• Very Loosely Based on a True Story: Various facts are manipulated throughout, with Wood's alcoholism and porno-making only brought up in the "Where Are They Now?" Epilogue. But fans of Wood still like this film on the grounds that, well, it comes across as the biopic he would have filmed about himself.
    • The film also implies that Bela didn't have the resources to get over his drug addiction and dies penniless and alone. In reality, Frank Sinatra helped finance his drug treatment and Bela married a woman who gave him emotional support during his stint at the hospital.
  • Viewers Are Morons: Subverted; while Wood shows a blatant disregard for things like visual continuity and set quality, and justifies this by saying that no-one really pays attention to the smaller details, he does so because he's projecting his own way of watching films onto the audiences, rather than considering them to be... well, morons.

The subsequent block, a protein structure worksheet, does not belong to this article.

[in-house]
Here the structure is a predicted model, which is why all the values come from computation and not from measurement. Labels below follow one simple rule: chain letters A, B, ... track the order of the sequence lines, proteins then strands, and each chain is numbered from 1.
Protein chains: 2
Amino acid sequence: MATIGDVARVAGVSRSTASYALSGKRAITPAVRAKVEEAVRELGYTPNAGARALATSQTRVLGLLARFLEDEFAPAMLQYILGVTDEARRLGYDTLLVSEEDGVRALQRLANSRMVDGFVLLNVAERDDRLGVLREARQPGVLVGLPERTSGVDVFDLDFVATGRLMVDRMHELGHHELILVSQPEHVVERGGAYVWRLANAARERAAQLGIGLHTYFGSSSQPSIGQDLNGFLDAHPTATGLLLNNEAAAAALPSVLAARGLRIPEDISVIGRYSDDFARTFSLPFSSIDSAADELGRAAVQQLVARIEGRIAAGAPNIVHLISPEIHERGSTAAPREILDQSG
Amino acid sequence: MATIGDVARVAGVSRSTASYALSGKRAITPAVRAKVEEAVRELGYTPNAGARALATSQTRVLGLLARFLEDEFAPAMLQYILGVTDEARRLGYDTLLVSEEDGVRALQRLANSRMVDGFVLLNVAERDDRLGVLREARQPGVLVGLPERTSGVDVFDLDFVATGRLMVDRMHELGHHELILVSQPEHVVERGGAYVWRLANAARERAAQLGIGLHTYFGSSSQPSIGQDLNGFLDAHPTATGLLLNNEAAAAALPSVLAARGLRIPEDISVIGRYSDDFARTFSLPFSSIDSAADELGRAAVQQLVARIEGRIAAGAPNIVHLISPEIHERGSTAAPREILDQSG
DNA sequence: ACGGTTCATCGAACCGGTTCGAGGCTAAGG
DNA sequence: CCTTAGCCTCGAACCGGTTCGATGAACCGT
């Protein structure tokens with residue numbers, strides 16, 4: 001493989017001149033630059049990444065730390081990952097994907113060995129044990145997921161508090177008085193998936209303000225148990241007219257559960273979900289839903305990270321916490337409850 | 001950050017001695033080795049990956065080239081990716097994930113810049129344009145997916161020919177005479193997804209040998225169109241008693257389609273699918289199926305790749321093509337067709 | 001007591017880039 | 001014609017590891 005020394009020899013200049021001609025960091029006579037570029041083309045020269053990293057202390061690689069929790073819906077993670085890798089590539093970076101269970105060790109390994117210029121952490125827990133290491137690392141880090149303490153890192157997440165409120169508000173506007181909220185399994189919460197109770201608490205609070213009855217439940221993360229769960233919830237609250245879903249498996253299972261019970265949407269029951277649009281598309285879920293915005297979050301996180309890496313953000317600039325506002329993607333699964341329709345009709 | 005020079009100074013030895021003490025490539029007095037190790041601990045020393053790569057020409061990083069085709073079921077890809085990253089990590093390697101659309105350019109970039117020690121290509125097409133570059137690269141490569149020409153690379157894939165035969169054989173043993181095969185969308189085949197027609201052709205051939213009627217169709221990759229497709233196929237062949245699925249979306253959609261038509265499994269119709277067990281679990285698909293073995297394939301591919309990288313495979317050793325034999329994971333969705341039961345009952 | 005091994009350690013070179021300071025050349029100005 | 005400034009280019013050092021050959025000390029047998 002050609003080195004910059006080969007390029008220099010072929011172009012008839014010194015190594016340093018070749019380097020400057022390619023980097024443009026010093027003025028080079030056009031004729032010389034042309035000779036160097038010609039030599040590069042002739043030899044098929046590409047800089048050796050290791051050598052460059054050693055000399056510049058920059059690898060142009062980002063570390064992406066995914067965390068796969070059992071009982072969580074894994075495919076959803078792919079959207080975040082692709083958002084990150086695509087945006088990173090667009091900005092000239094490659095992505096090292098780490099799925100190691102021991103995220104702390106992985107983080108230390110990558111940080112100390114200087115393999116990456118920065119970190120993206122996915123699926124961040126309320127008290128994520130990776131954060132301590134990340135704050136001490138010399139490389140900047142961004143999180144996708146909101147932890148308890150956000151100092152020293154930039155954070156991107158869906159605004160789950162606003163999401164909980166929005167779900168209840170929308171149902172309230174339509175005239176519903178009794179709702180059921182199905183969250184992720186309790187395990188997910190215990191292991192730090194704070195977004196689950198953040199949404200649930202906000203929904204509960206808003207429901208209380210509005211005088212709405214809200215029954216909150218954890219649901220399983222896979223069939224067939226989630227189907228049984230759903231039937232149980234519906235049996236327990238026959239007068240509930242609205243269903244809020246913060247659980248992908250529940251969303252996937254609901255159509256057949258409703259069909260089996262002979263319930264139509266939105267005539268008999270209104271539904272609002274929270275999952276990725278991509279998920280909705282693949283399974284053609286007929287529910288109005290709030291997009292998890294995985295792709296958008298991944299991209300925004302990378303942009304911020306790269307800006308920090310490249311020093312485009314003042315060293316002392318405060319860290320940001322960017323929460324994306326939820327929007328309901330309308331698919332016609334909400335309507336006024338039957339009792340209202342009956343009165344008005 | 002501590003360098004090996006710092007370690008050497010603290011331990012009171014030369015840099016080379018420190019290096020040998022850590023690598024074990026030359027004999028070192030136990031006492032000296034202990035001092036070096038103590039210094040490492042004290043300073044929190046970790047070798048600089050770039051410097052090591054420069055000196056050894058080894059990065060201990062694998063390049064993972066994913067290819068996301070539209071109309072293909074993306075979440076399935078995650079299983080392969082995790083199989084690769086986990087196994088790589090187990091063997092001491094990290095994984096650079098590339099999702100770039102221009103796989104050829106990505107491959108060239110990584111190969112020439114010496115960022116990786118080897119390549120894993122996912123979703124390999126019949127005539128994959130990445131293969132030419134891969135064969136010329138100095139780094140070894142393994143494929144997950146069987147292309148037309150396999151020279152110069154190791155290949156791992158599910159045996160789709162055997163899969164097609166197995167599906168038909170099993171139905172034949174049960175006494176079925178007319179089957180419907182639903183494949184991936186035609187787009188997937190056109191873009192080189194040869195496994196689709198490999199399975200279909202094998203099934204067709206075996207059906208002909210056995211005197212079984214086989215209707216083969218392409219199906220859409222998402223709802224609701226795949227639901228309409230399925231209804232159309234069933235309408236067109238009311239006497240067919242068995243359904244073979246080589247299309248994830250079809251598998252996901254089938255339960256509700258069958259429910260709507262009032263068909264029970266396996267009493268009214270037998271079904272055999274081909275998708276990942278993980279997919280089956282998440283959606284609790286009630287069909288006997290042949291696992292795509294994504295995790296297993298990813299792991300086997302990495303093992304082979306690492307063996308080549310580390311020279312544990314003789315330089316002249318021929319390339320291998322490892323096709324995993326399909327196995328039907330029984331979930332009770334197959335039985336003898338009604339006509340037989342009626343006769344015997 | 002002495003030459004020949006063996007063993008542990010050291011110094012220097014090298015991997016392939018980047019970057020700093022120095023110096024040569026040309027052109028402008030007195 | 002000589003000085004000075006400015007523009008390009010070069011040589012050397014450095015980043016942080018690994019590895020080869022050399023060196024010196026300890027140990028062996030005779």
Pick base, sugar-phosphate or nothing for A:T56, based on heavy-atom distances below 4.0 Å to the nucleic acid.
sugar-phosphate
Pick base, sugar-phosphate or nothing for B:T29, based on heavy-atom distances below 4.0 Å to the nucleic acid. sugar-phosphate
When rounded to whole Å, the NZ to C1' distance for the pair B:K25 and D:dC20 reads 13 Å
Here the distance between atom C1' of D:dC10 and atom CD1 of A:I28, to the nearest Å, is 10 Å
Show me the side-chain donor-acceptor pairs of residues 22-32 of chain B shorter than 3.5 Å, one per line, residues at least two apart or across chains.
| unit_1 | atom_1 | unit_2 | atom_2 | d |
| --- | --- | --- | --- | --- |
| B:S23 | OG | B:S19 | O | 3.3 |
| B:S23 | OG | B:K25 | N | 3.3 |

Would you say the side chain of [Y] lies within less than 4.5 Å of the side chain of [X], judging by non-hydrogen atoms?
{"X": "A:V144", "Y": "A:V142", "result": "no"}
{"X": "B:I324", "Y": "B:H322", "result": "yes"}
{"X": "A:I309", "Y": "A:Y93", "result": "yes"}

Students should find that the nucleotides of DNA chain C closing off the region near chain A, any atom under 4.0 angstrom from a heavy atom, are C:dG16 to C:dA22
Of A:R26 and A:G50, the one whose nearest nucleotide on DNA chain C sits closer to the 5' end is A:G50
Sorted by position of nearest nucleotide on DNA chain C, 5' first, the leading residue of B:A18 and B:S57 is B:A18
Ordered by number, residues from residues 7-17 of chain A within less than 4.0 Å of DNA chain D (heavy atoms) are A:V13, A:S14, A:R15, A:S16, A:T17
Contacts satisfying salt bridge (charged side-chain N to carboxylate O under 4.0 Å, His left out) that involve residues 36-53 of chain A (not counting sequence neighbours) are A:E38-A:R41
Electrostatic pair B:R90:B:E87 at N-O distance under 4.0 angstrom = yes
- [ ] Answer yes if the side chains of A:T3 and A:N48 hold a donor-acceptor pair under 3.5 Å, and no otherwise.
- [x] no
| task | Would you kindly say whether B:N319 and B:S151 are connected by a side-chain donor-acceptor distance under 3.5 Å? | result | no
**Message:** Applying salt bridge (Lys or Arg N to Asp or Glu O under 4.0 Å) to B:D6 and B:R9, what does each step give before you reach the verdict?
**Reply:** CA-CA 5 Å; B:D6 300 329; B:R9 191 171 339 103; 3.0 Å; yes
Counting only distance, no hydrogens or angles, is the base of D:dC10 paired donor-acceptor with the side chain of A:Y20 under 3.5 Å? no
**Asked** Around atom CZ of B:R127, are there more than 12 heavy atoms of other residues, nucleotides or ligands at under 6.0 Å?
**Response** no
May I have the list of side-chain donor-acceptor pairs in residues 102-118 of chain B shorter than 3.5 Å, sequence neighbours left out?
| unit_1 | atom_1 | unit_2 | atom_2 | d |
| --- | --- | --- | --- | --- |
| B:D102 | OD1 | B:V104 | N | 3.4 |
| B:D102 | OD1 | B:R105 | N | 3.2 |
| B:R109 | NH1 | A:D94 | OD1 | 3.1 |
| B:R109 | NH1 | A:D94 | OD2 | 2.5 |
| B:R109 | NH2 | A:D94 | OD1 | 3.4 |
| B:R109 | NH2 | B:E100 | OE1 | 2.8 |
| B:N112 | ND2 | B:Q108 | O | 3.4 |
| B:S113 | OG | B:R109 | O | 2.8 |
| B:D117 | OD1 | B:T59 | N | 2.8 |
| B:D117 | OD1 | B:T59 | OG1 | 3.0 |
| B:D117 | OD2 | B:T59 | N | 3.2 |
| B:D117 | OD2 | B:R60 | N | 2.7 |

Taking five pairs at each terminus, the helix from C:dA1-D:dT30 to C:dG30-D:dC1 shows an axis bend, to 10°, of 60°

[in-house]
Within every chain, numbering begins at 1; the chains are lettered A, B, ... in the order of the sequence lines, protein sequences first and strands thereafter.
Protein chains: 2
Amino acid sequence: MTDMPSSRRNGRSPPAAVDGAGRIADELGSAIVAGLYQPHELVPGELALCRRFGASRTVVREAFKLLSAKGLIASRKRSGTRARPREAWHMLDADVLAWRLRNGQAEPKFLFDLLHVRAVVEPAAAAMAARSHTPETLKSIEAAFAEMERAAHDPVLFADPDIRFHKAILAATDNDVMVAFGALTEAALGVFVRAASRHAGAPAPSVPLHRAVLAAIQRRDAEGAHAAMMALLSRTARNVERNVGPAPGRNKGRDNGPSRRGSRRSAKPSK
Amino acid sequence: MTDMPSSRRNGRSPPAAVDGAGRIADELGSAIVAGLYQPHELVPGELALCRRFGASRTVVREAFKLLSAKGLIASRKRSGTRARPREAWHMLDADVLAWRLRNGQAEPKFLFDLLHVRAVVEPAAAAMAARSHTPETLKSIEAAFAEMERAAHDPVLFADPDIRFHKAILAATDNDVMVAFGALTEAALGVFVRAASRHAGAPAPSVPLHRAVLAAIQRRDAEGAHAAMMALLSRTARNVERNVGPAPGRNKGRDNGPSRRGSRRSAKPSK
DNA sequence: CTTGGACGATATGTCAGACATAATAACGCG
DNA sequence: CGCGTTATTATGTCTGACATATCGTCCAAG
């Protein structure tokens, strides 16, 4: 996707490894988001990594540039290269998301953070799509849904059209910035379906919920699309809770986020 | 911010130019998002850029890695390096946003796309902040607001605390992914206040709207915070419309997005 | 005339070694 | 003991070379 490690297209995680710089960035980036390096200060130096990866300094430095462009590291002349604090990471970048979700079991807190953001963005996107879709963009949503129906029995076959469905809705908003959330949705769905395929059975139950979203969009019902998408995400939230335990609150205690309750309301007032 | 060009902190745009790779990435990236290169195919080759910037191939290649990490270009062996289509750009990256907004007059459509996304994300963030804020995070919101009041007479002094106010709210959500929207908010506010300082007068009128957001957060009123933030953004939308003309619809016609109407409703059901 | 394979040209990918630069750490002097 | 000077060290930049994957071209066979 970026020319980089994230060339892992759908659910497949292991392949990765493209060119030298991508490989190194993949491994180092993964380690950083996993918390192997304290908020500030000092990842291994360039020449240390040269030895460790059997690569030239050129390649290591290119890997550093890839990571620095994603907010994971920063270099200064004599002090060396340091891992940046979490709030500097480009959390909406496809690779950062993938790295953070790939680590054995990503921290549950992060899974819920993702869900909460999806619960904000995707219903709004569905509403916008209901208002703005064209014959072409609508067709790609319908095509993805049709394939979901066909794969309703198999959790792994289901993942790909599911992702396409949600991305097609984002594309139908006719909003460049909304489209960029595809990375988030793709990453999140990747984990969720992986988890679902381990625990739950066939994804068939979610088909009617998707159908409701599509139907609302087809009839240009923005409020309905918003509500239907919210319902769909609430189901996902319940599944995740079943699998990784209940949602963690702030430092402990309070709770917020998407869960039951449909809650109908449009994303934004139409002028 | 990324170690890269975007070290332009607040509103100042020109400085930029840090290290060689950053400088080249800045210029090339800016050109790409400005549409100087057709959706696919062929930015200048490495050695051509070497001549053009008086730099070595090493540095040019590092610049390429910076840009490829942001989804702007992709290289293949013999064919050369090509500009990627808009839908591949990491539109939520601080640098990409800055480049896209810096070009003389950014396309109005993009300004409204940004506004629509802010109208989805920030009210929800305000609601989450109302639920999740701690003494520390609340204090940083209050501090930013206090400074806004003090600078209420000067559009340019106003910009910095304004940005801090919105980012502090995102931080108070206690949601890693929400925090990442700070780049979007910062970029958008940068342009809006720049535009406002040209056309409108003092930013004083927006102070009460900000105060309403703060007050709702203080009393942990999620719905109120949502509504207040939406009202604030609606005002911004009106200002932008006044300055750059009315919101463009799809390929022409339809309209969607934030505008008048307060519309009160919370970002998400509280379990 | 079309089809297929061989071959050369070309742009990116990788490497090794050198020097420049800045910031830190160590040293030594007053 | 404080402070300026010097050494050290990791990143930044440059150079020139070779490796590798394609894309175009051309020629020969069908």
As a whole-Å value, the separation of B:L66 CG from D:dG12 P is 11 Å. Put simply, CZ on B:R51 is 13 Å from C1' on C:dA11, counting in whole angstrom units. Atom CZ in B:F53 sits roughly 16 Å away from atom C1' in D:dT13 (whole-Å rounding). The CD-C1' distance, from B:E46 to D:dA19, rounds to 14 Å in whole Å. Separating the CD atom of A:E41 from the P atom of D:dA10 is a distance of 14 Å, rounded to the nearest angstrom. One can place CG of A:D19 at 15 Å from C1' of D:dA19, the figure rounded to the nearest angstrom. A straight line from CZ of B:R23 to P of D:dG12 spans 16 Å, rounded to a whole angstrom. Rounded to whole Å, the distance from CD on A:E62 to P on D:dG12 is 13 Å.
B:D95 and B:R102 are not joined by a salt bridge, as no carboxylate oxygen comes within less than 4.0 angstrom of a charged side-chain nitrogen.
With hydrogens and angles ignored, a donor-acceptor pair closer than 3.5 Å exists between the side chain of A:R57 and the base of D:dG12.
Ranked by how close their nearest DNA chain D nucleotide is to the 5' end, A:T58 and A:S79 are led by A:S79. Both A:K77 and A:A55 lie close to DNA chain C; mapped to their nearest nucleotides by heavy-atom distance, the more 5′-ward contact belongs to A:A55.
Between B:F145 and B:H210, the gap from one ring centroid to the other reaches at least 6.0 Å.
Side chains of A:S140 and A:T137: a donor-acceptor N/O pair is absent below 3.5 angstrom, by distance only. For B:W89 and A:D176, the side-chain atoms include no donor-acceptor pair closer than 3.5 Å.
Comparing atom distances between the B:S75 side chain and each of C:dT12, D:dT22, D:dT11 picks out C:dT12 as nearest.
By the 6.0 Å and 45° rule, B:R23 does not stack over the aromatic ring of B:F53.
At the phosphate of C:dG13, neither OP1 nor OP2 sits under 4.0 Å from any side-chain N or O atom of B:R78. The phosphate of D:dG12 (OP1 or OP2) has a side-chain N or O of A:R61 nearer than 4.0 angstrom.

• Villainy-Free Villain: In the DVD commentary, even Burton himself points out that though the Baptist producers are antagonists in the film their point of view is entirely sympathetic and justifiable: They're justly concerned that Wood is spending their money making...well, Plan 9.
  • "Where Are They Now?" Epilogue
  • White Dwarf Star: Bela Lugosi.
  • Wide-Eyed Idealist: Ed is this all over.
  • Willing Suspension of Disbelief: Lampshaded by Ed Wood.
  • Wholesome Crossdresser: Johnny Depp in an angora sweater. Not many people are going to have a problem with that.